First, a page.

More than half of the maternity apparel retailer’s online traffic comes from mobile shoppers.
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In those days, building data connections with suppliers would have meant developing separate one-to-one communications with each vendor, Krygier says. But now, Ahold connects only with Prescient’s hosted scan-based trading application, providing through an EDI network daily POS data that Prescient maintains in its web-based Advanced Commerce Repository, the core of its scan-based trading system.
However they want it
Prescient also collects inventory and pricing data from Ahold’s vendors, maintaining in its Advanced Commerce Repository up-to-date, synchronized records from both retailer and suppliers and the related pricing. Because the Prescient scan-based trading system operates as a hosted application, it can receive data from retailers and suppliers in multiple forms. “We look at their language and connect to them in their desired mechanism, whether it’s EDI, EDI over the Internet, FTP files or others,” says Karen Sickles, director of scan-based trading programs at Prescient.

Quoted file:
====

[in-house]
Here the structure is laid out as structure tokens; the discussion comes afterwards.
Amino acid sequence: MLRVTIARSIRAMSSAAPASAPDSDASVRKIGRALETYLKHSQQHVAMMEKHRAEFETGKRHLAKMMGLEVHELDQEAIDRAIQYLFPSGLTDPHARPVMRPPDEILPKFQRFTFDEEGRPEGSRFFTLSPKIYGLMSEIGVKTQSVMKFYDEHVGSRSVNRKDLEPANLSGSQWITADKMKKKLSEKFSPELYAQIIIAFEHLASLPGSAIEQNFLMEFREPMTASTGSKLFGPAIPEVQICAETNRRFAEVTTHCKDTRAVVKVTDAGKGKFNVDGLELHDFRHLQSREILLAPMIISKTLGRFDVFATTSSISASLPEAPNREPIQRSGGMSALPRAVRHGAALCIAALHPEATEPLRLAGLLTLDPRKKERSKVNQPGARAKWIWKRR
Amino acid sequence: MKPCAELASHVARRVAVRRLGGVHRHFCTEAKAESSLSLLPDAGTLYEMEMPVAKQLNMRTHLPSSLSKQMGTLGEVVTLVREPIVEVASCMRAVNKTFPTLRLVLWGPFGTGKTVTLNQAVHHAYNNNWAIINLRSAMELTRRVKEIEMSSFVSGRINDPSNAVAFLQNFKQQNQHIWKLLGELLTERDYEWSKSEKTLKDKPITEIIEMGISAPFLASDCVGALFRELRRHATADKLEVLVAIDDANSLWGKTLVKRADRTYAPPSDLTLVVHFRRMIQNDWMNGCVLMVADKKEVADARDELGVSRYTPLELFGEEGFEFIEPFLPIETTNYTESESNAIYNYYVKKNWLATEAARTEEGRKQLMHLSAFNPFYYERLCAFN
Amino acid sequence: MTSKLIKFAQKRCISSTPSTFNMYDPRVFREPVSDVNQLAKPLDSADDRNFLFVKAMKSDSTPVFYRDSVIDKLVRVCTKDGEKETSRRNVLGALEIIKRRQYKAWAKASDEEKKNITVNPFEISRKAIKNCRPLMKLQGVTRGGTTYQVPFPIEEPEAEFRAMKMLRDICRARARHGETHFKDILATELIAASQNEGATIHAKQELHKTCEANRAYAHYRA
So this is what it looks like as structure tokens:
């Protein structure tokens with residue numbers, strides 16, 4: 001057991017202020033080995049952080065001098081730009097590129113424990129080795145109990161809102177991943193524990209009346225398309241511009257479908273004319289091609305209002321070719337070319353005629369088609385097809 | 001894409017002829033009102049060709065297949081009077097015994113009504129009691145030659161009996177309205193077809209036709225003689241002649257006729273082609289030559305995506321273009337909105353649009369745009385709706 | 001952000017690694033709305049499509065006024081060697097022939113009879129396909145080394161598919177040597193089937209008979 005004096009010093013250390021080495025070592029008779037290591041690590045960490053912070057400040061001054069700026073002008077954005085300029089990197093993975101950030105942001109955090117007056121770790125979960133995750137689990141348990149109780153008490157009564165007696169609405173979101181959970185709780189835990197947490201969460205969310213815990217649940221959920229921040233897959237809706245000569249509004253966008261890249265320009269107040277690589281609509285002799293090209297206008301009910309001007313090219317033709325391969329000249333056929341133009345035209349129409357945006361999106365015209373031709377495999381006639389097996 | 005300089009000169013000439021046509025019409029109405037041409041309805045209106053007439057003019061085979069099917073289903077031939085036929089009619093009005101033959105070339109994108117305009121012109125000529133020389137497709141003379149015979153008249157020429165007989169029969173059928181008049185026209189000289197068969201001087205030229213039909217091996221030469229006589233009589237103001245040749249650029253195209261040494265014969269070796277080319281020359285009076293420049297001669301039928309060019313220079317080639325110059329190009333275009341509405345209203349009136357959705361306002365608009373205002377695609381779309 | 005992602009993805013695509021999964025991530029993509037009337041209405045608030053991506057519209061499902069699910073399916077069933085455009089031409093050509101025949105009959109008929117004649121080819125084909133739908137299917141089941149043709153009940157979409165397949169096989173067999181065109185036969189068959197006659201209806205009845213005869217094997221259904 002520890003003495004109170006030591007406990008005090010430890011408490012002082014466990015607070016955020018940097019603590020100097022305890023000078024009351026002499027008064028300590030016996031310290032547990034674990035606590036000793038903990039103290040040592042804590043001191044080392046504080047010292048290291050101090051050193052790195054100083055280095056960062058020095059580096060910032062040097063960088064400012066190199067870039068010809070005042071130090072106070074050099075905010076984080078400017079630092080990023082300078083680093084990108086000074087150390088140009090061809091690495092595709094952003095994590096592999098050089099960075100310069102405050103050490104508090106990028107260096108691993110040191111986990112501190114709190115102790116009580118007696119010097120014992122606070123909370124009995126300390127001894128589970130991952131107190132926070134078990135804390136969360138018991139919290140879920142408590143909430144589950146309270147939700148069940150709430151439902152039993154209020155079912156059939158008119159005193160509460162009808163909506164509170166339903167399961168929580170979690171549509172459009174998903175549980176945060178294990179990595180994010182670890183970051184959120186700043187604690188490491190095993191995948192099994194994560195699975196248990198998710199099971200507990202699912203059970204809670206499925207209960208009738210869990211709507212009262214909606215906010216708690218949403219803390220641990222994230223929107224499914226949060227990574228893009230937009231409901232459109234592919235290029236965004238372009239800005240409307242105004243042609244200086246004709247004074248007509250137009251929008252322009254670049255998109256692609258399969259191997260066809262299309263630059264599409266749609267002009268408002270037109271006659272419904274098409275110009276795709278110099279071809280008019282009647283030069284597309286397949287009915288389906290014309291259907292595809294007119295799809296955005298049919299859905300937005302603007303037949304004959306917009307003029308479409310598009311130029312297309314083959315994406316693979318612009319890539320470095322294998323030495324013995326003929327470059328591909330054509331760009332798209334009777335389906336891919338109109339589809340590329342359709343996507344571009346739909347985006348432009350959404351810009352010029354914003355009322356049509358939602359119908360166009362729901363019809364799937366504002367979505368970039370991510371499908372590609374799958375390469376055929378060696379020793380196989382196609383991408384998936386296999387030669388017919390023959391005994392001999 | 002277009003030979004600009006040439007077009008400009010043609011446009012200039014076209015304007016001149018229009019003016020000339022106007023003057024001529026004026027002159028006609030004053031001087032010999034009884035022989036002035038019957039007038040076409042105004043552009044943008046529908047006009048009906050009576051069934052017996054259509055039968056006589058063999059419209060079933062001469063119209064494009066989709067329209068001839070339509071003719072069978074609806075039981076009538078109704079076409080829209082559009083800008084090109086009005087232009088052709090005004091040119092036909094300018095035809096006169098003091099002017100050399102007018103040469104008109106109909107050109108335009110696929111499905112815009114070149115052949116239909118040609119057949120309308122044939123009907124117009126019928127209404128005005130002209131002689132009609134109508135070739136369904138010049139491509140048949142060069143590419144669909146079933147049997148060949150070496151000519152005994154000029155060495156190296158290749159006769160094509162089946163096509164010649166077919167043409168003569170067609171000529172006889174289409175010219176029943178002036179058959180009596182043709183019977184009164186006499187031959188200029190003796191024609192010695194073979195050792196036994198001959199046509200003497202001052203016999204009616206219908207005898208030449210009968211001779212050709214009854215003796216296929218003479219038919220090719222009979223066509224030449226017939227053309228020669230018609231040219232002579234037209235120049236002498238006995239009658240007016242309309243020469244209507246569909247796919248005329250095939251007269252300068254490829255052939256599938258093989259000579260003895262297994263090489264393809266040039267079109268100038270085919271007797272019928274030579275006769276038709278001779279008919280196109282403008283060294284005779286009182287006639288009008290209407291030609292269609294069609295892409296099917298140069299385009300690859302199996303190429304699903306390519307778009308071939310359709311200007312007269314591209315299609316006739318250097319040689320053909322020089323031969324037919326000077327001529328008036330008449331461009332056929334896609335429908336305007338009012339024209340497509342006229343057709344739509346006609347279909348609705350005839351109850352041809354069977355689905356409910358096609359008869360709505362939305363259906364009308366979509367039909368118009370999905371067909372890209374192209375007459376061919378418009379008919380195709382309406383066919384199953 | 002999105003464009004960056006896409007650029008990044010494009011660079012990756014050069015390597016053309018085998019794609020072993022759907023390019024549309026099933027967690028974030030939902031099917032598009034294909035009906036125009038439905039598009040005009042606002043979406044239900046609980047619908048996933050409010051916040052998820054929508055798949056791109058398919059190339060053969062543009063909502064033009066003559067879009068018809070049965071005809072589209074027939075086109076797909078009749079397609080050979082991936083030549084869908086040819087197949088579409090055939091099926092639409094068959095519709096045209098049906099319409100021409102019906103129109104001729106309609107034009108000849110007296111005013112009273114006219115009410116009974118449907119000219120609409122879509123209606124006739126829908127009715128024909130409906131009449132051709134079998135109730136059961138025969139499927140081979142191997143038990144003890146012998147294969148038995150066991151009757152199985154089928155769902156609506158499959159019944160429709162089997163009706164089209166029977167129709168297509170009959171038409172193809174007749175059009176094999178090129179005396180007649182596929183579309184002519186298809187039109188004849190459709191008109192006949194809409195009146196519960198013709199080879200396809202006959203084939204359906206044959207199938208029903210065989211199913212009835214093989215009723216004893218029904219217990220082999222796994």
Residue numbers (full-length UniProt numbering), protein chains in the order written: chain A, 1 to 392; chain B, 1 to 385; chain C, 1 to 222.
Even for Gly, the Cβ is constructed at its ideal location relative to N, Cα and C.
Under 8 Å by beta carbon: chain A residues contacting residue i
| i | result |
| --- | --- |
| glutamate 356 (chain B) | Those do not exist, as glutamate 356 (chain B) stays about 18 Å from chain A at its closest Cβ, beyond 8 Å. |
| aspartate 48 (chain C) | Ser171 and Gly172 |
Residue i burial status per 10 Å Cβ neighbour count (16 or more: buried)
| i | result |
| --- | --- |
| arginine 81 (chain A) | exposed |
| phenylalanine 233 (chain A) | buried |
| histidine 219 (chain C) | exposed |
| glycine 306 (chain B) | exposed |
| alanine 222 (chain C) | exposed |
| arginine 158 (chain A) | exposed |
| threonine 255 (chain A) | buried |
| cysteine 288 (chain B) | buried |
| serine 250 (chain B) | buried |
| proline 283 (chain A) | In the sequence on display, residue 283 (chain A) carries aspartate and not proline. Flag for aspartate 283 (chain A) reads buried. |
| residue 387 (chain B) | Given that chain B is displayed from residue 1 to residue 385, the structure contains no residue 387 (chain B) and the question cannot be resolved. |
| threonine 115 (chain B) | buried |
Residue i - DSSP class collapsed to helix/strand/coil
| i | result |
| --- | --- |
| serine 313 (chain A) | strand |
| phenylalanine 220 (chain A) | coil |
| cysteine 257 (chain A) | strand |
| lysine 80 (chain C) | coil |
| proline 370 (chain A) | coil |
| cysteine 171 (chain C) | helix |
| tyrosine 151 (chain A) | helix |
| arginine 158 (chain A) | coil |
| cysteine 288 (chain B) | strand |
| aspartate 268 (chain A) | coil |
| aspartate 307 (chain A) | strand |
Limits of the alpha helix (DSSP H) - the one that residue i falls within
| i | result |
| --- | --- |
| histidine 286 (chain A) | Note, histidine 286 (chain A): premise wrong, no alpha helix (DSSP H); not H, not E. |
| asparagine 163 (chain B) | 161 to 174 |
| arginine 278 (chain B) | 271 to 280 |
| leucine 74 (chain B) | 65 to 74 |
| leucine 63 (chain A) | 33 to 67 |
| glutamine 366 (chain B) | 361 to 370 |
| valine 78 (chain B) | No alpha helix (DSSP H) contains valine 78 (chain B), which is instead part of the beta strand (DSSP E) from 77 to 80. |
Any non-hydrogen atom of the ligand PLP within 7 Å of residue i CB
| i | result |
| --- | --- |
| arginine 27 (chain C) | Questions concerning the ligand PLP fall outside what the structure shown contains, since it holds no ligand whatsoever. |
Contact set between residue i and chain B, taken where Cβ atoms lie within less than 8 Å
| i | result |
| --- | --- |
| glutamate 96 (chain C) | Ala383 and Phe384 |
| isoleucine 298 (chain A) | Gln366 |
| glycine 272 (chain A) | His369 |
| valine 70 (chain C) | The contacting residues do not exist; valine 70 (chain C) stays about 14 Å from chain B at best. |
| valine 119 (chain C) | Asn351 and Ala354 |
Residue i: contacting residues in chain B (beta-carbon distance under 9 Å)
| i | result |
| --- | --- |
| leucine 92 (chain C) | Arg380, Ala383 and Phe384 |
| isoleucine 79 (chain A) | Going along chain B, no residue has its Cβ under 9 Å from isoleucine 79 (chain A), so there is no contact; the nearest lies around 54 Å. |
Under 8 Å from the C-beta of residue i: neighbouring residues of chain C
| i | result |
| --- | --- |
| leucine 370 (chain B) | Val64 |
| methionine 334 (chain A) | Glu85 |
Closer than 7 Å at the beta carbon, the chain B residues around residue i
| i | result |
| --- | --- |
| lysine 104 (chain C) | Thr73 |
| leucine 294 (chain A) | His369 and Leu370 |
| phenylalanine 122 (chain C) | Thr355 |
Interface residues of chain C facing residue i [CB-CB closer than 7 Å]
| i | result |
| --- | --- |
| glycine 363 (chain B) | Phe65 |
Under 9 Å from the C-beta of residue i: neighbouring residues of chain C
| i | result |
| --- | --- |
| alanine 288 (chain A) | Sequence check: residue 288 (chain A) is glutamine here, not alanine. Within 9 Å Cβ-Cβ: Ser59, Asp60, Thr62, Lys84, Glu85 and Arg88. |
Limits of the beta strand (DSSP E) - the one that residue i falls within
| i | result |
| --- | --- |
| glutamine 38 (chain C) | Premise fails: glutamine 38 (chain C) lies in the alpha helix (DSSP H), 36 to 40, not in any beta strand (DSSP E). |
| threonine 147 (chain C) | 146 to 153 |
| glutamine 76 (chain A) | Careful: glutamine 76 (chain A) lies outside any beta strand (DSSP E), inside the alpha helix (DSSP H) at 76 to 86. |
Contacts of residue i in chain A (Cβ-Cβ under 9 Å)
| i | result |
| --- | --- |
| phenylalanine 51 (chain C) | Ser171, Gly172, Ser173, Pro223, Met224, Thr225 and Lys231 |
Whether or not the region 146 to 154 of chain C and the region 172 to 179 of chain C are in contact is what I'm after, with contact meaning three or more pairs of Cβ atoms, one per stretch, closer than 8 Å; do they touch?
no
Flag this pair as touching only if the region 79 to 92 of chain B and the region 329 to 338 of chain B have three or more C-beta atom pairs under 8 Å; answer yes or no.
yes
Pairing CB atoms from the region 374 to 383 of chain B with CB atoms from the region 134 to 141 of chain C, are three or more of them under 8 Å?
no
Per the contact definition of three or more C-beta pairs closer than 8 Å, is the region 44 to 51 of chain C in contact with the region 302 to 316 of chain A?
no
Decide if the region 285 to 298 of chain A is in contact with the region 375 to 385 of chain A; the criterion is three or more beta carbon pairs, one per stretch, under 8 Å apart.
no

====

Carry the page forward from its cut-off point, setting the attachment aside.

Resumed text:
Having Prescient in the middle has made it easier to get participation from vendors, Krygier says. “They act as a recruitment agent for us,” he says, adding that Prescient already has relationships with many suppliers in the grocery industry.
As goods are sold at retail, invoices are automatically sent to Ahold on behalf of the appropriate vendor, who also receives an alert of the invoice status. “We own the inventory only for a split second,” Krygier says.